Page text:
The rich-poor divide remains | Borneo Online Newsletter


Daniel Norjidi

A new United Nations (UN) report has said the crippling cost of debt financing for many developing countries has hampered their recovery from the COVID-19 pandemic, forced cuts in development spending and limited their ability to respond. to new shocks.

The Financing for Sustainable Development Report 2022: Bridging the Financial Gap is a joint product of the Inter-Agency Working Group on Financing for Development, which includes more than 60 UN agencies and international organizations.

According to a press release, the report found that while rich countries were able to support their pandemic recovery with record sums borrowed at ultra-low interest rates, poorer countries spent billions on debt servicing. , preventing them from investing in sustainable development.

It was shared that the pandemic shock pushed an additional 77 million people into extreme poverty in 2021 and that by the end of the year many economies remained below pre-2019 levels. The report estimated that in one in five developing countries, gross domestic product (GDP) per capita would not return to 2019 levels by the end of 2023, even before they had absorbed the effects of the conflict in Ukraine.

“As we approach half of the funding for the global Sustainable Development Goals, the findings are alarming,” said UN Deputy Secretary-General Amina Mohammed.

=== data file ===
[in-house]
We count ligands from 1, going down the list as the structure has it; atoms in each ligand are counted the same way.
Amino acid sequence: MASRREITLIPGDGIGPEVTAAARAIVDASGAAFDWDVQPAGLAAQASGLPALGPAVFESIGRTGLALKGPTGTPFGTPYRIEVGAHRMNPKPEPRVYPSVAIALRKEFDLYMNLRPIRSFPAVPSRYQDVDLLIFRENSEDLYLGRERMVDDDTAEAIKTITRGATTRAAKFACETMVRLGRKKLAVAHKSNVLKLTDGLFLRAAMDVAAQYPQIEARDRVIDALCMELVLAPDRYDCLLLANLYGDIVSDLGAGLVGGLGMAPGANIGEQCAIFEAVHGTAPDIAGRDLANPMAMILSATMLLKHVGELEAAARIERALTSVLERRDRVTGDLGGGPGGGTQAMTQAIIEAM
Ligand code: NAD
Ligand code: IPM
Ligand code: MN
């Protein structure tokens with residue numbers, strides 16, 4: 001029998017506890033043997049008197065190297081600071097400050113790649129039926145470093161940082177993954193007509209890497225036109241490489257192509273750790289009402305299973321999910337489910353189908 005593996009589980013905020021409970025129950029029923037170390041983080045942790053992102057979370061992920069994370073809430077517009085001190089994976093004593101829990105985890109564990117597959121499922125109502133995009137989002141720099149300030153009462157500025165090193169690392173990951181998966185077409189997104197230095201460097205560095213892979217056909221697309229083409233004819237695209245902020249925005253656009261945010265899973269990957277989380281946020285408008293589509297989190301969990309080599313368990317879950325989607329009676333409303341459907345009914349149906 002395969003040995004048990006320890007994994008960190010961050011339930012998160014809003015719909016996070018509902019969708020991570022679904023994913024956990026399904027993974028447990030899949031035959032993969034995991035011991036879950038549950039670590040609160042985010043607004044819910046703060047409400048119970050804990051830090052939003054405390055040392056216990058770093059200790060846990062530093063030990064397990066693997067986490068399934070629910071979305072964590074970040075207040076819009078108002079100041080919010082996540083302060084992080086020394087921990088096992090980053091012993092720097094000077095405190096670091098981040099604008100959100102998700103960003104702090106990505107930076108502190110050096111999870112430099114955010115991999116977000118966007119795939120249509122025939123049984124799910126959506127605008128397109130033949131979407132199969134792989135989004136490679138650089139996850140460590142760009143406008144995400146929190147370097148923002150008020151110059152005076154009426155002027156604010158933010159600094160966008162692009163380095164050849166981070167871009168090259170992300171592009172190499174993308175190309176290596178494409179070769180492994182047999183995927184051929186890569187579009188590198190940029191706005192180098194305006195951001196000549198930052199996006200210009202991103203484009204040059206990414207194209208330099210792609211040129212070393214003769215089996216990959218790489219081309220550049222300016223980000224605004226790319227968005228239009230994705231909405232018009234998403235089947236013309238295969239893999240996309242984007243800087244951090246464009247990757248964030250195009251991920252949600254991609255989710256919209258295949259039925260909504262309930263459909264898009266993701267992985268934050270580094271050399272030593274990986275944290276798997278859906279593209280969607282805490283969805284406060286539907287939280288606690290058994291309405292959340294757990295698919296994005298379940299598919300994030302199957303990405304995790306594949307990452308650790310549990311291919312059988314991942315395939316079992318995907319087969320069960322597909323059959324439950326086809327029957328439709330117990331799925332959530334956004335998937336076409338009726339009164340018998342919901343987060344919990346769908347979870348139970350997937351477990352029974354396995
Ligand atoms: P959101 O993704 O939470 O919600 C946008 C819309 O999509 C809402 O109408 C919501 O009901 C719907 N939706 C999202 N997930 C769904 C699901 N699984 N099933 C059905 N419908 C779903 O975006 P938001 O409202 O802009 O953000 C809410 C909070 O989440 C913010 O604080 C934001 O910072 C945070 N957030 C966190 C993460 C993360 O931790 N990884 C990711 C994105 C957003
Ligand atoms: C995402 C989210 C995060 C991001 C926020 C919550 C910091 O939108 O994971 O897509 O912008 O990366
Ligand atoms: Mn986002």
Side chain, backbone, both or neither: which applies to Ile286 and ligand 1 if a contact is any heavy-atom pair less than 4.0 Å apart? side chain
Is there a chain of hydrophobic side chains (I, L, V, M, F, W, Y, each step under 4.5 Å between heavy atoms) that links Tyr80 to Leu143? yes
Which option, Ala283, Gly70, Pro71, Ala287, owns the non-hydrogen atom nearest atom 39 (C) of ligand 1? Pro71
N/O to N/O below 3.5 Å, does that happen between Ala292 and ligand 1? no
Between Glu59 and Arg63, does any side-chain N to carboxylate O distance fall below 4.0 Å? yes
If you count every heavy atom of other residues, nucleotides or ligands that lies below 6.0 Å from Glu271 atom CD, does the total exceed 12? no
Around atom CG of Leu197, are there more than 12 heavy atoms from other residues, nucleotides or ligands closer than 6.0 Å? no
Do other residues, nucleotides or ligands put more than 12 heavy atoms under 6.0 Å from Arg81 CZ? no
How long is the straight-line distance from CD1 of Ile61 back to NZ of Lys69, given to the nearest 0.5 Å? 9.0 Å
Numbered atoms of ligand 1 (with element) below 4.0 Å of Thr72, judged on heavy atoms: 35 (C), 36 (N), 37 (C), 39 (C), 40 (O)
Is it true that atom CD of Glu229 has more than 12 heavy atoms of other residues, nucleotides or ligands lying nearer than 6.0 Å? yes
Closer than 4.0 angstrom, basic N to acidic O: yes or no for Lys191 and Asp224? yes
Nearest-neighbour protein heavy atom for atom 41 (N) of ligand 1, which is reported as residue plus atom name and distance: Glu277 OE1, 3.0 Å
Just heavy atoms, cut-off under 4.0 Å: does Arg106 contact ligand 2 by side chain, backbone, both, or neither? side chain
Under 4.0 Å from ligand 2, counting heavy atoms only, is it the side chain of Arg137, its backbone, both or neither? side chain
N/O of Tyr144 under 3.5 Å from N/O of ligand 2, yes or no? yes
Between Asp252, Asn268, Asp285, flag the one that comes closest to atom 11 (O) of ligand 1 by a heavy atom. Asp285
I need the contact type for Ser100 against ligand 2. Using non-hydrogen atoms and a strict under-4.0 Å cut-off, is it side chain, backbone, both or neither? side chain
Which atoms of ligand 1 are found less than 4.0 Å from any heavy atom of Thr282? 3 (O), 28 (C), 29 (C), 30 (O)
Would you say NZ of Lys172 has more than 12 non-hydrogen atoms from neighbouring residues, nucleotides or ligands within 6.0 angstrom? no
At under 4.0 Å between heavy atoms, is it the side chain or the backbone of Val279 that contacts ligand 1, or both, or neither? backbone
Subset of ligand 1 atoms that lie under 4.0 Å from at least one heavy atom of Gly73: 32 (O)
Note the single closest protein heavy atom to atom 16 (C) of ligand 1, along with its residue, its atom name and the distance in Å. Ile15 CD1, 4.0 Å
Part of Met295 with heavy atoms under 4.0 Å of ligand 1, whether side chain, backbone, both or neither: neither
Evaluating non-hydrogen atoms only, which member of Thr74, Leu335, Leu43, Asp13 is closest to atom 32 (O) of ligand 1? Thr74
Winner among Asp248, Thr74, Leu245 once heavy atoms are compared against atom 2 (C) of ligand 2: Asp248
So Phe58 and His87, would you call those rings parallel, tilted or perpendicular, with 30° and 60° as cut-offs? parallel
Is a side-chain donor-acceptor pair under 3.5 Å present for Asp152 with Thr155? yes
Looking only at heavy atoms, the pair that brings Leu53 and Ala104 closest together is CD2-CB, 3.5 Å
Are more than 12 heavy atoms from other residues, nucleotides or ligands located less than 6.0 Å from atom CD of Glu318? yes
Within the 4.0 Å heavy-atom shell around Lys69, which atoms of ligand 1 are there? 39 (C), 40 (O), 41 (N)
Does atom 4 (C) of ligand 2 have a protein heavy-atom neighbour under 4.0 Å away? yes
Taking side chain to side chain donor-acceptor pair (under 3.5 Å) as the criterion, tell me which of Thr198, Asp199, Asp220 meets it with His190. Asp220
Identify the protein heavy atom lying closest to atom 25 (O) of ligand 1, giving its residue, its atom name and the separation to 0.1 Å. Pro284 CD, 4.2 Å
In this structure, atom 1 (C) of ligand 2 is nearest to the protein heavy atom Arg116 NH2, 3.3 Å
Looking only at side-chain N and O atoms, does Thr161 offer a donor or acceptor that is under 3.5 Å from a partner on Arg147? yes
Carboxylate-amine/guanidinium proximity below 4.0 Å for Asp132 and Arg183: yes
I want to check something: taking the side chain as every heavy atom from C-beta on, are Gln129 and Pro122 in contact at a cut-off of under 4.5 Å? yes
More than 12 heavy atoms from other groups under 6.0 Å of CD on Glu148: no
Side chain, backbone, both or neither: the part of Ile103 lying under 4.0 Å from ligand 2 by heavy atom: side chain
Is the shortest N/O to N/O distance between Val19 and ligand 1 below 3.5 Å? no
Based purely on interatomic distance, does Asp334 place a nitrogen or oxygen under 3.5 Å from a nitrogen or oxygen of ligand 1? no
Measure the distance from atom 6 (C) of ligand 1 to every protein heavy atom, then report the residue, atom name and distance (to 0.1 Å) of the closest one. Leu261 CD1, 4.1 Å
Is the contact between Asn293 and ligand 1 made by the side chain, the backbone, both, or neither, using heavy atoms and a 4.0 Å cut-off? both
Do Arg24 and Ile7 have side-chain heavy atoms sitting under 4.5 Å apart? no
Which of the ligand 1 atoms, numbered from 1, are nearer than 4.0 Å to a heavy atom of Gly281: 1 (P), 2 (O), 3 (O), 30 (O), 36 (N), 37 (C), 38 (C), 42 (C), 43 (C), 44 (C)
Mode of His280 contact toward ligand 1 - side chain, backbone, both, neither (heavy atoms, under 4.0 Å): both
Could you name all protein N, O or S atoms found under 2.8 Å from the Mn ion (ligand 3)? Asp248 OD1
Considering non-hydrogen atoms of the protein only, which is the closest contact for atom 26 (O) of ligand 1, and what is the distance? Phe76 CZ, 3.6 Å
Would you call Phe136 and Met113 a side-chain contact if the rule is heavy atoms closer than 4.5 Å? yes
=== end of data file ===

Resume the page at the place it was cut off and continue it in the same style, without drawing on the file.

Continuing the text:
“There is no excuse for inaction at this defining moment of collective responsibility to ensure that hundreds of millions of people are lifted out of hunger and poverty. We must invest in access to decent and green jobs, social protection, healthcare and education, leaving no one behind.

The report says that, on average, the poorest developing countries pay 14% of their income in interest on their debt, almost four times more than developed countries, at 3.5%.

“Globally, many developing countries have been forced to cut budgets for education, infrastructure and other capital expenditures as a result of the pandemic. The conflict in Ukraine will exacerbate these challenges and create new ones, with higher energy and commodity prices, further supply chain disruptions, higher inflation coupled with weaker growth and increased volatility in financial markets,” he shared.

The statement notes that for many developing countries, the war is likely to lead to a further increase in over-indebtedness and an increase in hunger.

“Before the conflict, pandemic recovery gaps had already widened, with developing countries on average only having enough COVID-19 vaccine doses for 24 out of 100 people, compared to almost 150 out of 100 people for developed nations. Amazingly, in 2021, 70% of 10-year-olds in developing countries were unable to read basic text, an increase of 17% from 2019. With food prices in 2021 already at their highest level since a decade, the UN fears that the conflict in Ukraine will significantly worsen the economic prospects of many countries.

The rate of post-pandemic economic recovery in developed countries, however, points the way forward for increased investment, according to the report. “The developed world has proven over the past two years that millions of people can be lifted out of poverty with the right kind of investment – in resilient and clean infrastructure, social protection or public services,” the deputy said. -UN Secretary General Liu Zhenmin, who heads the department. Economic and Social Affairs which produced the report. “The international community must build on this progress and ensure that developing countries can invest at similar levels, while reducing inequalities and ensuring a sustainable energy transition.”